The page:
"Six Insurers Named to Get U.S. Taxpayer Aid
Six major insurance companies have received preliminary approval to get billions of dollars in fresh capital as part of the government’s financial rescue program, a Treasury Department spokesman confirmed on Thursday.
The department said the Hartford Financial Services Group, Prudential Financial, Lincoln National, Allstate, Ameriprise and Principal Financial Group have all received approval for capital infusions, subject to terms still to be negotiated.
The Hartford, in a statement released late Thursday, said it was told it could receive $3.4 billion under the program.
Applying for the additional capital “was a prudent step for the Hartford, particularly given the continued economic uncertainty,” said Ramani Ayer, the company’s chairman and chief executive.
“These funds would further fortify our capital resources and provide us with additional financial flexibility during one of the most volatile market climates in our nation’s history,” Mr. Ayer continued. The other companies did not immediately provide details about the status of their application.
Under the program, each company is eligible to receive investments worth up to 3 percent of its total assets. Based on the Treasury formula, the amount of capital available to the other companies would be at least several billion dollars each.
While the extension of additional capital to insurers had been widely expected, these are the first companies that have been identified to receive aid after the near-collapse of American International Group. According to the Treasury spokesman, Andrew Williams, these insurers qualified for capital infusions under the department’s Capital Purchase Program because each had restructured itself as a bank holding company and met the November deadline for the program.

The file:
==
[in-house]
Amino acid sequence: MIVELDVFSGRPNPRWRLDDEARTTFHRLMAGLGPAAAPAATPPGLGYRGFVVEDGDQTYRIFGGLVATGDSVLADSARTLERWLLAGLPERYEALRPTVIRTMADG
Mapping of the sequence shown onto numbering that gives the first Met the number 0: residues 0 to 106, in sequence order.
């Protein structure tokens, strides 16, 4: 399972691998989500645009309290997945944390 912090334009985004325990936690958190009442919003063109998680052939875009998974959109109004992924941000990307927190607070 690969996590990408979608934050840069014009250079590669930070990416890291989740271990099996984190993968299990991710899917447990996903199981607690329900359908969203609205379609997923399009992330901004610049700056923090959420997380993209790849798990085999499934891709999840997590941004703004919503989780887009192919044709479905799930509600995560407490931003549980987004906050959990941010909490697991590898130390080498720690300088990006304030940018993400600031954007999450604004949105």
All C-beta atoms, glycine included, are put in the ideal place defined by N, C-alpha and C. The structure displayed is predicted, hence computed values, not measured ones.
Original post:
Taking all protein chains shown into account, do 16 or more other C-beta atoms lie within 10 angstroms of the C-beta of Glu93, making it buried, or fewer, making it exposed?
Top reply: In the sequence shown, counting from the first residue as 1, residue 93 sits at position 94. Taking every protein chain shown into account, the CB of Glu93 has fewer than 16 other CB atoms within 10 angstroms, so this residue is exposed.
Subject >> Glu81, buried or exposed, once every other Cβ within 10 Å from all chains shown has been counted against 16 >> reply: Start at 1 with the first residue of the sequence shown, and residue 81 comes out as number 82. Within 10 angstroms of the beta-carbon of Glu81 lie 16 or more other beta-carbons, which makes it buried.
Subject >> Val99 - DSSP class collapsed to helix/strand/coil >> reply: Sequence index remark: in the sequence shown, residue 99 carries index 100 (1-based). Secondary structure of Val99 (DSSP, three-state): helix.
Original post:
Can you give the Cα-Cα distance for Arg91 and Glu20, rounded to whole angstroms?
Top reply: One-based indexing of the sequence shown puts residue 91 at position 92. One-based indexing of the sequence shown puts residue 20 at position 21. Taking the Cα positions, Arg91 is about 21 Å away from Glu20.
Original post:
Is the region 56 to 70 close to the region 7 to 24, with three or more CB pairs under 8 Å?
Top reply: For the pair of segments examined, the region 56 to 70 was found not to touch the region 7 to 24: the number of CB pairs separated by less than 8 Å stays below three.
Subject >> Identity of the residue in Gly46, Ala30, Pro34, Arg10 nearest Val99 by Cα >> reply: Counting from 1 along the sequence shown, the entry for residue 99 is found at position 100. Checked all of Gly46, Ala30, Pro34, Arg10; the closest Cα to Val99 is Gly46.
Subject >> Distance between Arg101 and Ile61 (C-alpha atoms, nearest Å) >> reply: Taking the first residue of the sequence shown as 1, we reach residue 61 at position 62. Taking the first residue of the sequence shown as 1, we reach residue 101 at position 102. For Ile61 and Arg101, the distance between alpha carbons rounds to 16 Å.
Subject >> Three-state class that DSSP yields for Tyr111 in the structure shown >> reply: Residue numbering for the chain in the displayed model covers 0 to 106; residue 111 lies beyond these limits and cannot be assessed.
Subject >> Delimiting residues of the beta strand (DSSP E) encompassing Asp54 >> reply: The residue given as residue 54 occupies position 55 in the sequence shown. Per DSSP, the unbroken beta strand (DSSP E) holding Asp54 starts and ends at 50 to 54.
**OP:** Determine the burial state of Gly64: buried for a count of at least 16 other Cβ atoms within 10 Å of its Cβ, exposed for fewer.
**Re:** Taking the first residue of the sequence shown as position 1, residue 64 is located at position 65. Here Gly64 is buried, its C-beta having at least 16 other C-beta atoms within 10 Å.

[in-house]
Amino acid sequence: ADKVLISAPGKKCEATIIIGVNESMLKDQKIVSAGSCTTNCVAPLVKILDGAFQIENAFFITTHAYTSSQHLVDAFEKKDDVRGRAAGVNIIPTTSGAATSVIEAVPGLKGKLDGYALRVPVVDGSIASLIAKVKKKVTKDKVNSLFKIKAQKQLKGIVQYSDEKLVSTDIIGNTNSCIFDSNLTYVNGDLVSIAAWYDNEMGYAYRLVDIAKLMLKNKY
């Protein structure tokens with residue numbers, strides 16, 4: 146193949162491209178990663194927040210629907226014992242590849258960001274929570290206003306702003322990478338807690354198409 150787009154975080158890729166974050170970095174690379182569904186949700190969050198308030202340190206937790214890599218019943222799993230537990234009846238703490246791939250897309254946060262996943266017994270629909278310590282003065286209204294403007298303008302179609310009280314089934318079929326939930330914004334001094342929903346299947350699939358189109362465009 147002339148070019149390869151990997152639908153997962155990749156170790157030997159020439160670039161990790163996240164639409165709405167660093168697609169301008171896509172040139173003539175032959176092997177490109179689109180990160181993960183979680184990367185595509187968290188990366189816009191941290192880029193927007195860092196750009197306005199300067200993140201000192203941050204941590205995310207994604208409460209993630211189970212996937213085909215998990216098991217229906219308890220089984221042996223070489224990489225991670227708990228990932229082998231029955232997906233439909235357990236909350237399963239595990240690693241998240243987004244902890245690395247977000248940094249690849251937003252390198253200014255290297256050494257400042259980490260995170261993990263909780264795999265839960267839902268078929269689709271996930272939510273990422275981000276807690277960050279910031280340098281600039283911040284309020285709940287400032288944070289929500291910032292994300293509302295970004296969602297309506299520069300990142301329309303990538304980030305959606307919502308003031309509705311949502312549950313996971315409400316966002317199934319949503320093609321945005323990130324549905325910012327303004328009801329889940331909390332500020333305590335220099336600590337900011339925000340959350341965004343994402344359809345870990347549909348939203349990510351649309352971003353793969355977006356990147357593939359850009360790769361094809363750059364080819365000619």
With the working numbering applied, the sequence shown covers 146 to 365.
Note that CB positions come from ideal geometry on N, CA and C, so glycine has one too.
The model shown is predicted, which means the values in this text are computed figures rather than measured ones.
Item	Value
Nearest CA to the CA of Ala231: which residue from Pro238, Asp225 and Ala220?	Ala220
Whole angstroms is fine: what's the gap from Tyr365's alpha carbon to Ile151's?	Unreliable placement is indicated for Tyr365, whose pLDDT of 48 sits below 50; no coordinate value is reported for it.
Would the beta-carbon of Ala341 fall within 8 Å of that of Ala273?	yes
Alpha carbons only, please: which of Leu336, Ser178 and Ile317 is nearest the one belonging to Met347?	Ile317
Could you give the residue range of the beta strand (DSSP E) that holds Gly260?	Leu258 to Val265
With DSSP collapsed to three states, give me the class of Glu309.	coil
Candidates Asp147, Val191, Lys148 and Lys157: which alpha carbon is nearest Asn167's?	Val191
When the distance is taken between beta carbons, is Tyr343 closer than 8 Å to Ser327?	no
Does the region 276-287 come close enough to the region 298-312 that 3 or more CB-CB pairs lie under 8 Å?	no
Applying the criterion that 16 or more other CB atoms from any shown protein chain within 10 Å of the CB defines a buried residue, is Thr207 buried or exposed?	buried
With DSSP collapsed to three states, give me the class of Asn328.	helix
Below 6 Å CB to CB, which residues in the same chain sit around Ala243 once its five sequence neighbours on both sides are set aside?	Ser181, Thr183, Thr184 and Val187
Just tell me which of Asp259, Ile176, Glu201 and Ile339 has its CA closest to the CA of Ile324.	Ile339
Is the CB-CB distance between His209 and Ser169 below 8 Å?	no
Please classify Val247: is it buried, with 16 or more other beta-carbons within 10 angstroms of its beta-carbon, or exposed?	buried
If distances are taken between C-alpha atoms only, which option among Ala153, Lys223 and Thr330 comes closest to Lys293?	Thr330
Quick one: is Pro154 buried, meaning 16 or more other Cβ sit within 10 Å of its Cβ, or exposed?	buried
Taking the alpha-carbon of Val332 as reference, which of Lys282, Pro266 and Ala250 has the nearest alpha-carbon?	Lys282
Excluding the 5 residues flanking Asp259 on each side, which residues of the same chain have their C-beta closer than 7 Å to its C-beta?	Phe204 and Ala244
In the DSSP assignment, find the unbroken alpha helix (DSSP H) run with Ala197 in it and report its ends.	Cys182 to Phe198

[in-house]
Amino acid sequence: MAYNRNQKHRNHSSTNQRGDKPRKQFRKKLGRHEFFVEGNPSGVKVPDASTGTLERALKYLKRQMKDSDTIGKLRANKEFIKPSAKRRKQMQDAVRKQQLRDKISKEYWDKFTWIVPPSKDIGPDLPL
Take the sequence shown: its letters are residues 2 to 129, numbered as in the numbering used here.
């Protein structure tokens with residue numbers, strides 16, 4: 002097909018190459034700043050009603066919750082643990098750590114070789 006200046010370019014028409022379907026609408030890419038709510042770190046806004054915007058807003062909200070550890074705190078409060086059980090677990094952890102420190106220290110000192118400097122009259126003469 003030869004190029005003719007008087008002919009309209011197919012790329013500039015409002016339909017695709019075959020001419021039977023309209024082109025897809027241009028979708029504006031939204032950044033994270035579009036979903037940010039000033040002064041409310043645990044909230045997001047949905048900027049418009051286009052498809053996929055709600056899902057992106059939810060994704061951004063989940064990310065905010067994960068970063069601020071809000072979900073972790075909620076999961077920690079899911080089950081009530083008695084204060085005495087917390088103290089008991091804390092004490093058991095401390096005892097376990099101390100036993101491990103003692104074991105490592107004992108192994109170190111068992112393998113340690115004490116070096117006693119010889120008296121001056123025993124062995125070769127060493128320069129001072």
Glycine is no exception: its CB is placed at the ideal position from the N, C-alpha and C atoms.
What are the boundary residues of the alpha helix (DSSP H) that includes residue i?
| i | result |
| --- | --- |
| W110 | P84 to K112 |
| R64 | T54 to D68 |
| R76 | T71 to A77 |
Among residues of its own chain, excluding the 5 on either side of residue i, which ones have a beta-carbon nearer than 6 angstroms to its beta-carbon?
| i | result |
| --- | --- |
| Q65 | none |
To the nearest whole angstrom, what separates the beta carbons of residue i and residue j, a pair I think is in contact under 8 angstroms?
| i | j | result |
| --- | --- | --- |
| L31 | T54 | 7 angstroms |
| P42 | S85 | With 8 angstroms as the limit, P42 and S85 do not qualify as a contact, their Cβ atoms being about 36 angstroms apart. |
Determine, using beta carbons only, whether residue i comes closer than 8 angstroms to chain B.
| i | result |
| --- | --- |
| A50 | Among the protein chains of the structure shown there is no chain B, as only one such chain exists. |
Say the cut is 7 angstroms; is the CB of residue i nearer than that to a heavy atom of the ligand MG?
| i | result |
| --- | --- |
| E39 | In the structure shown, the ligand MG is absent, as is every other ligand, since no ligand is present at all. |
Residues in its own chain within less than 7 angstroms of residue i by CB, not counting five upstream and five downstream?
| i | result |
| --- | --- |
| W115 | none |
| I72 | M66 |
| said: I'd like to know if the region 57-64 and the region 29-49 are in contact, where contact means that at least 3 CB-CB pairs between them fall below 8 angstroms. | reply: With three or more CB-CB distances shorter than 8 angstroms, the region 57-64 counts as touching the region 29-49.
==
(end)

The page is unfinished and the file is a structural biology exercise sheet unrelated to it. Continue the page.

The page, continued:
Hundreds of other financial institutions are still in the pipeline for review and will be approved on a rolling basis, the Treasury Department said.
As the financial crisis erupted last fall, A.I.G. became the first insurer to receive substantial government aid before a broad-based program to help financial firms was established. Its problems stemmed from complex derivatives that greatly increased its obligations to its trading partners.
This recent group of insurers is far less troubled than A.I.G., but they still have been hurt by the collapse in real estate prices. Amid the housing boom, many insurers invested in complex mortgage-related securities that have since turned sour, weakening their balance sheets.
Indeed, several insurance companies took extraordinary steps to qualify for taxpayer money, which has become even more attractive as the economic environment has worsened.
For example, Lincoln National and the Hartford both bought up smaller banks to qualify as savings banks, which made them eligible for government support.
“You want the regulatory program to be as broad as possible,” said Scott E. Talbott, a lobbyist for the Financial Roundtable, a group of the nation’s biggest financial services companies. “If all it took was regulatory gymnastics, that expands the program.”
The Capital Purchase Program is part of the sweeping bailout of financial institutions that grew out of the panic that hit in mid-September.
At that time, the Treasury Department, with the backing of the Federal Reserve chairman, Ben S. Bernanke, asked Congress for $700 billion to buy up mortgage-backed securities whose value had dropped sharply or had become impossible to sell, in what he called the Troubled Asset Rescue Plan, or TARP.
As the financial crisis worsened, the TARP plan was modified and expanded to include various support programs set up by the Treasury and the Federal Reserve, ranging from an ad hoc temporary guarantee program for money market funds to the purchase of preferred shares in various financial institutions."